Keeping kids at home during the heatwave isn’t always an option, either. According to Eugene Stovall IV, the principal of Matsuyama Elementary School, students can be flagged with an unexcused absence, which is standard district protocol.

It wasn’t just after-school care that led to a sudden shift in pickup schedules. Because buses serving Robla Unified don’t have air conditioning — except for those carrying disabled students — the district has suspended extracurricular transportation until September 9.

“We are doing this to protect our students and transport staff as the heat on the buses could reach dangerously high temperatures,” spokeswoman Heather McGowan wrote in an email. “We have extra staff to help keep students cool and out of the heat until their supervisor arrives to pick them up.”

The Sacramento County Department of Education follows the general guidelines of the California Department of Health and Human Services. These measures include the cancellation or postponement of outdoor and unconditioned indoor activities when the heat risk is too high to ensure student-athletes are not subjected to multiple days of exertion in moderate to high temperatures, and monitoring for heat-related illnesses.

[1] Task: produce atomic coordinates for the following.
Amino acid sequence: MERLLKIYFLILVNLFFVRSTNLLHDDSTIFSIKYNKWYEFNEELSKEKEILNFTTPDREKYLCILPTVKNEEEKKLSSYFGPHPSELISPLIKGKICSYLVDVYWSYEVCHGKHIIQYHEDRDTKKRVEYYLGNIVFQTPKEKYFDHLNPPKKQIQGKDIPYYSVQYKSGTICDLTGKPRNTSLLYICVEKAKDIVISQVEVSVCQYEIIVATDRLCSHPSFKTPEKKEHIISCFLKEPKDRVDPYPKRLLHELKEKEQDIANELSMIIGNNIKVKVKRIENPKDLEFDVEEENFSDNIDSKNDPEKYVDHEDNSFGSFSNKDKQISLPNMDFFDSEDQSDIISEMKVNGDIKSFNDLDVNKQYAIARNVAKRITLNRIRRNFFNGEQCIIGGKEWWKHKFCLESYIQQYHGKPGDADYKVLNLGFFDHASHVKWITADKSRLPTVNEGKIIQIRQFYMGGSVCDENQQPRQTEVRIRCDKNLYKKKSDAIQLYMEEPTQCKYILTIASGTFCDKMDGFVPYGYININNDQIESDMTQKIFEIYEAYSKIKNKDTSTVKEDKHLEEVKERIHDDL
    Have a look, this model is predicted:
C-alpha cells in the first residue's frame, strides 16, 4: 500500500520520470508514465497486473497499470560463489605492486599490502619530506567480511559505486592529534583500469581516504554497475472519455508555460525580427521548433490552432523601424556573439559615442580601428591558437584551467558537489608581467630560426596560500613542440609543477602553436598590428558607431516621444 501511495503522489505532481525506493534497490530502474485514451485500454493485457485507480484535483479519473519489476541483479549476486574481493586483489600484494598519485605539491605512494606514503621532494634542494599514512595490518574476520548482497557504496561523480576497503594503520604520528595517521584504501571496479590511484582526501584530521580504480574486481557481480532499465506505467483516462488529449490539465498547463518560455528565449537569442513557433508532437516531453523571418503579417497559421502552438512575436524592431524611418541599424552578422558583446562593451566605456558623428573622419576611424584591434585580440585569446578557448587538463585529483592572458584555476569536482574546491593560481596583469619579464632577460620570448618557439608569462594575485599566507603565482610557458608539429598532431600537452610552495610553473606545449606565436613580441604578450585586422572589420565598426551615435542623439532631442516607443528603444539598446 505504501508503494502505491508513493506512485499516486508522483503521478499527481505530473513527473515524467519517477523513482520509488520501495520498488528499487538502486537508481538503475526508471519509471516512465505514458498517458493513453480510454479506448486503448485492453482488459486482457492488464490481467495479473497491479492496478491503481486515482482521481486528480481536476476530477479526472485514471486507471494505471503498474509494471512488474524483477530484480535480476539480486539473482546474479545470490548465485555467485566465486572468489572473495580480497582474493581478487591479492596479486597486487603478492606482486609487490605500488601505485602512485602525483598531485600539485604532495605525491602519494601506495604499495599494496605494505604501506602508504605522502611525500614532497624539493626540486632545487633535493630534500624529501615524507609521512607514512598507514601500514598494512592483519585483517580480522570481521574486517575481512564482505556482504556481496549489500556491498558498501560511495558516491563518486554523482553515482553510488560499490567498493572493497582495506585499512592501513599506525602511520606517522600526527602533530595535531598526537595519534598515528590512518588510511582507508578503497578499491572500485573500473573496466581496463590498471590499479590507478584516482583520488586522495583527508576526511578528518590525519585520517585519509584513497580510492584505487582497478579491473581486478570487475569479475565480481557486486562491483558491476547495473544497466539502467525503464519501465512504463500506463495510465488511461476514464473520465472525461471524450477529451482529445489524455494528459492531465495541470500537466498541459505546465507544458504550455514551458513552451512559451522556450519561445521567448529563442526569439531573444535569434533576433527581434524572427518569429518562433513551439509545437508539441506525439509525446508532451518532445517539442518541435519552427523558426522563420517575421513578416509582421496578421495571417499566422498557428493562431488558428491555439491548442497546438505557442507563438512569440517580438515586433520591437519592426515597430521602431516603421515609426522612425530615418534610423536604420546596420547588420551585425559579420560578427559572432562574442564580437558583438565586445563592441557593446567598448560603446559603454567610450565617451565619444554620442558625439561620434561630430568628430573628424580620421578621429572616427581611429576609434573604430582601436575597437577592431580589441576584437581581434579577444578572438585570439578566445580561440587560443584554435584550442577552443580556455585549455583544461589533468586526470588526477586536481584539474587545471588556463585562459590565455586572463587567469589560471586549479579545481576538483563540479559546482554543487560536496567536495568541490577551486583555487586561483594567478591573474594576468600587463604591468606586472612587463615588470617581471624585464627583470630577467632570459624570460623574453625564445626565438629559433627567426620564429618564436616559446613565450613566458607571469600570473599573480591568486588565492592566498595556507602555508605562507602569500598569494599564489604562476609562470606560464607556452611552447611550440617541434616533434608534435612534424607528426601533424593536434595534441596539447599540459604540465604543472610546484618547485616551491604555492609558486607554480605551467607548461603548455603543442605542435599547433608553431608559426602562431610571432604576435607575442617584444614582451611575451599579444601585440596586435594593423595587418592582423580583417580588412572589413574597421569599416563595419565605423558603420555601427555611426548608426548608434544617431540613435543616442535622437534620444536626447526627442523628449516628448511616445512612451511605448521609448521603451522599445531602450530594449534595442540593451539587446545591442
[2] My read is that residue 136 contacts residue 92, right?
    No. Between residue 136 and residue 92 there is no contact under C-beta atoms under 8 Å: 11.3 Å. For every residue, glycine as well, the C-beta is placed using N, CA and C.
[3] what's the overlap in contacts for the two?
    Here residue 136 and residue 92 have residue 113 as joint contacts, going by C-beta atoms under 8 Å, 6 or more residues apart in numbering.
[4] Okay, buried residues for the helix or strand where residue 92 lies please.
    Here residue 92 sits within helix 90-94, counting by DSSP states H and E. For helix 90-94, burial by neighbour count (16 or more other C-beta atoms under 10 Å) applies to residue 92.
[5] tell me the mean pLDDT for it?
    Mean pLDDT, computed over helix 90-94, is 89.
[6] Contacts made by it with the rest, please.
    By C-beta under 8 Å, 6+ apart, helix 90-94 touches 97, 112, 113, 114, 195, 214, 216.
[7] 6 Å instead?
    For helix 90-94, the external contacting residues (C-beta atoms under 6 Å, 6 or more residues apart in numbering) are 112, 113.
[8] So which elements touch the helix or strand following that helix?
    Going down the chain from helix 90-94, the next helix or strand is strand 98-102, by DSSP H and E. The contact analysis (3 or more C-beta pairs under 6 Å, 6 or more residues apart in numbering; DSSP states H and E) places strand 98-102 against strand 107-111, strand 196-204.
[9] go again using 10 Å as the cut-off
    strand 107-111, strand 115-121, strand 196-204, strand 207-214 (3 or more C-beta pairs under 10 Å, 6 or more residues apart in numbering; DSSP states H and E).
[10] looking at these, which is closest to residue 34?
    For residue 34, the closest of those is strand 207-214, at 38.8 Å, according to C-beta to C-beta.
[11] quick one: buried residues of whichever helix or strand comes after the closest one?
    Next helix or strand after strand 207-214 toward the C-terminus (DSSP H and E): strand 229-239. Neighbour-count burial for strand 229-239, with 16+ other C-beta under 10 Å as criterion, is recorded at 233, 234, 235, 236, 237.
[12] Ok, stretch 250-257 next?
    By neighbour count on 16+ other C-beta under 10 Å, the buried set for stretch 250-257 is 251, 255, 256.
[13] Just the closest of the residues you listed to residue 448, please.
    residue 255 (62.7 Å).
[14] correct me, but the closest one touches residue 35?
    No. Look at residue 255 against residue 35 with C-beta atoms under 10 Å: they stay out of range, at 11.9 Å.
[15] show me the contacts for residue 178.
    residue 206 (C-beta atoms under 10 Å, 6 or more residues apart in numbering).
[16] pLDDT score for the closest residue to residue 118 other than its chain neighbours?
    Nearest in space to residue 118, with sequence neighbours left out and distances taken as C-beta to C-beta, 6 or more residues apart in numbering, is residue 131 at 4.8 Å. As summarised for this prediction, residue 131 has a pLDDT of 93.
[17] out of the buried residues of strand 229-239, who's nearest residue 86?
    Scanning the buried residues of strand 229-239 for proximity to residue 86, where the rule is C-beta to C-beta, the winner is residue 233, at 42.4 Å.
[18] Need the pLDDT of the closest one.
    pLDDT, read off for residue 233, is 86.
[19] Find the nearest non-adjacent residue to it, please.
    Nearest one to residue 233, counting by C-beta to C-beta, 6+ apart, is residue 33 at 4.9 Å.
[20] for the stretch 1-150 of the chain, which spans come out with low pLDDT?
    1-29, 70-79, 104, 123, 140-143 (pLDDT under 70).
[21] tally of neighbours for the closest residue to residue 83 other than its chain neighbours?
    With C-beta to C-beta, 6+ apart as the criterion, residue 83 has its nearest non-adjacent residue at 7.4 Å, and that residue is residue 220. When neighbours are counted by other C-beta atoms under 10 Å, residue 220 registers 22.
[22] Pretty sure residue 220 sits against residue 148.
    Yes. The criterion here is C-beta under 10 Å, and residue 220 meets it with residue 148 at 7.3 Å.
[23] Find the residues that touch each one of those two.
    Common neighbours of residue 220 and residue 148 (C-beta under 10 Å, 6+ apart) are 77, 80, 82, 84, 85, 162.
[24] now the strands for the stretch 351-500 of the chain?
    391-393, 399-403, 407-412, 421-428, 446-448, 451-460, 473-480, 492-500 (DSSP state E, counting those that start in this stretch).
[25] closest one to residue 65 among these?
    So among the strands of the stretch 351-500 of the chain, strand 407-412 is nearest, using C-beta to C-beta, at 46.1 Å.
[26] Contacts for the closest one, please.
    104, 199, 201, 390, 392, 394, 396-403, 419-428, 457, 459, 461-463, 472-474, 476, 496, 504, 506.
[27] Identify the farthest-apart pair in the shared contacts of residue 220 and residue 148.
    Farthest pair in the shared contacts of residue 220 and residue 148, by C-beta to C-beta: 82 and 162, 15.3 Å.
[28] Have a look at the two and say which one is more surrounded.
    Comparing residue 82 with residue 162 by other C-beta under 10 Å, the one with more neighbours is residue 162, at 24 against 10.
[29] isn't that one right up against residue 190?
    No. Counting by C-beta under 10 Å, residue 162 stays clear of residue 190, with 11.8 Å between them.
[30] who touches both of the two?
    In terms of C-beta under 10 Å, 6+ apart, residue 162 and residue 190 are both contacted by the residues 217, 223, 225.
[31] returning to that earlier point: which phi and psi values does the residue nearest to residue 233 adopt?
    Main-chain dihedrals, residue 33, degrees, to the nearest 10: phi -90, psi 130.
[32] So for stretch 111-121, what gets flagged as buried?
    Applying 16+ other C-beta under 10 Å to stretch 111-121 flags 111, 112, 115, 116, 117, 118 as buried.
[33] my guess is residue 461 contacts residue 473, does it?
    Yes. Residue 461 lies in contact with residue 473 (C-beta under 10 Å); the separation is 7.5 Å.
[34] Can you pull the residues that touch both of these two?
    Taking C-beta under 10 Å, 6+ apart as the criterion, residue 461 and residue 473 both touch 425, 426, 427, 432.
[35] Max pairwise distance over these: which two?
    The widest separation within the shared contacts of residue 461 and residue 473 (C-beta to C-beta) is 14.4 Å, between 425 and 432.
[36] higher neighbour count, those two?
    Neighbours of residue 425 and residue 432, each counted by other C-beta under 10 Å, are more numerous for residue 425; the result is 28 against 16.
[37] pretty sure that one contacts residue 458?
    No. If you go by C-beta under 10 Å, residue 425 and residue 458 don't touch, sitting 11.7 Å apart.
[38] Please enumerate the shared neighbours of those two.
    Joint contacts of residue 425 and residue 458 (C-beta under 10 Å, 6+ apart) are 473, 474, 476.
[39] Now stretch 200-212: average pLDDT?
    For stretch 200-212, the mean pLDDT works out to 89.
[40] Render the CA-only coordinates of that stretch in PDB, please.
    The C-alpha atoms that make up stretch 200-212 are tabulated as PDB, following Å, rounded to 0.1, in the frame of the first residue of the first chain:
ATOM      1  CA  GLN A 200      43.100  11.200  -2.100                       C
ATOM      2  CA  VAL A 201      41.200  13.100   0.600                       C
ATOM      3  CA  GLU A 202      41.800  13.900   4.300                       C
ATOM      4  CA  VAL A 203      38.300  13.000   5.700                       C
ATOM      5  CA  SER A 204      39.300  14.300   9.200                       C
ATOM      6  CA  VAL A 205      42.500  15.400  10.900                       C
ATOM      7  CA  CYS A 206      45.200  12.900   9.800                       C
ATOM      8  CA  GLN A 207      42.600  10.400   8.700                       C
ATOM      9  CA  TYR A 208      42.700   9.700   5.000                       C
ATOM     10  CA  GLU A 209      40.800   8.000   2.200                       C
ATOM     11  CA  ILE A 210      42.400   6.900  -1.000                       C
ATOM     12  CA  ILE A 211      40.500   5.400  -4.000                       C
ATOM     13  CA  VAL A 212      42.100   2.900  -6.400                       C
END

Heat-related illnesses resulting from outdoor activities were a key factor for districts in managing this week’s heat wave.

Elk Grove Unified, Sac City Unified and San Juan Unified have canceled their soccer games for this week, while Natomas Unified has delayed the timing of their games in response to the heatwave. Twin Rivers moved events scheduled between noon and 8 p.m. indoors.

CDPH advises the community to search Signs and symptoms of heat-related illnesswhich include muscle spasms, dizziness, headache, impaired judgment, difficulty speaking and slurred speech.

Sacramento County Public Health spokeswoman Samantha Mott said the county is providing heatwave guidelines to districts.

“We use the CDPH guidelines for schools and youth, especially in youth sports,” Mott said. “It’s pretty simple things: If it’s very, very hot outside, maybe exercise inside, don’t exercise, make sure students and athletes stay hydrated.”

As heat waves continue, researchers and parents want schools to adapt

Heatwaves in California are increasing in frequency: Sacramento is forecast by 2050 experience three multi-day heat waves per yeareach of which is expected to last between 7.6 and 9.1 days Research for the City of Sacramento.

But instead of focusing on mitigation, Sacramento-area districts have been addressing the current heat wave from a crisis response perspective.

Stovall, the school principal in the Pocket area, said he didn’t think people were worried about the long-term effects of the heatwave.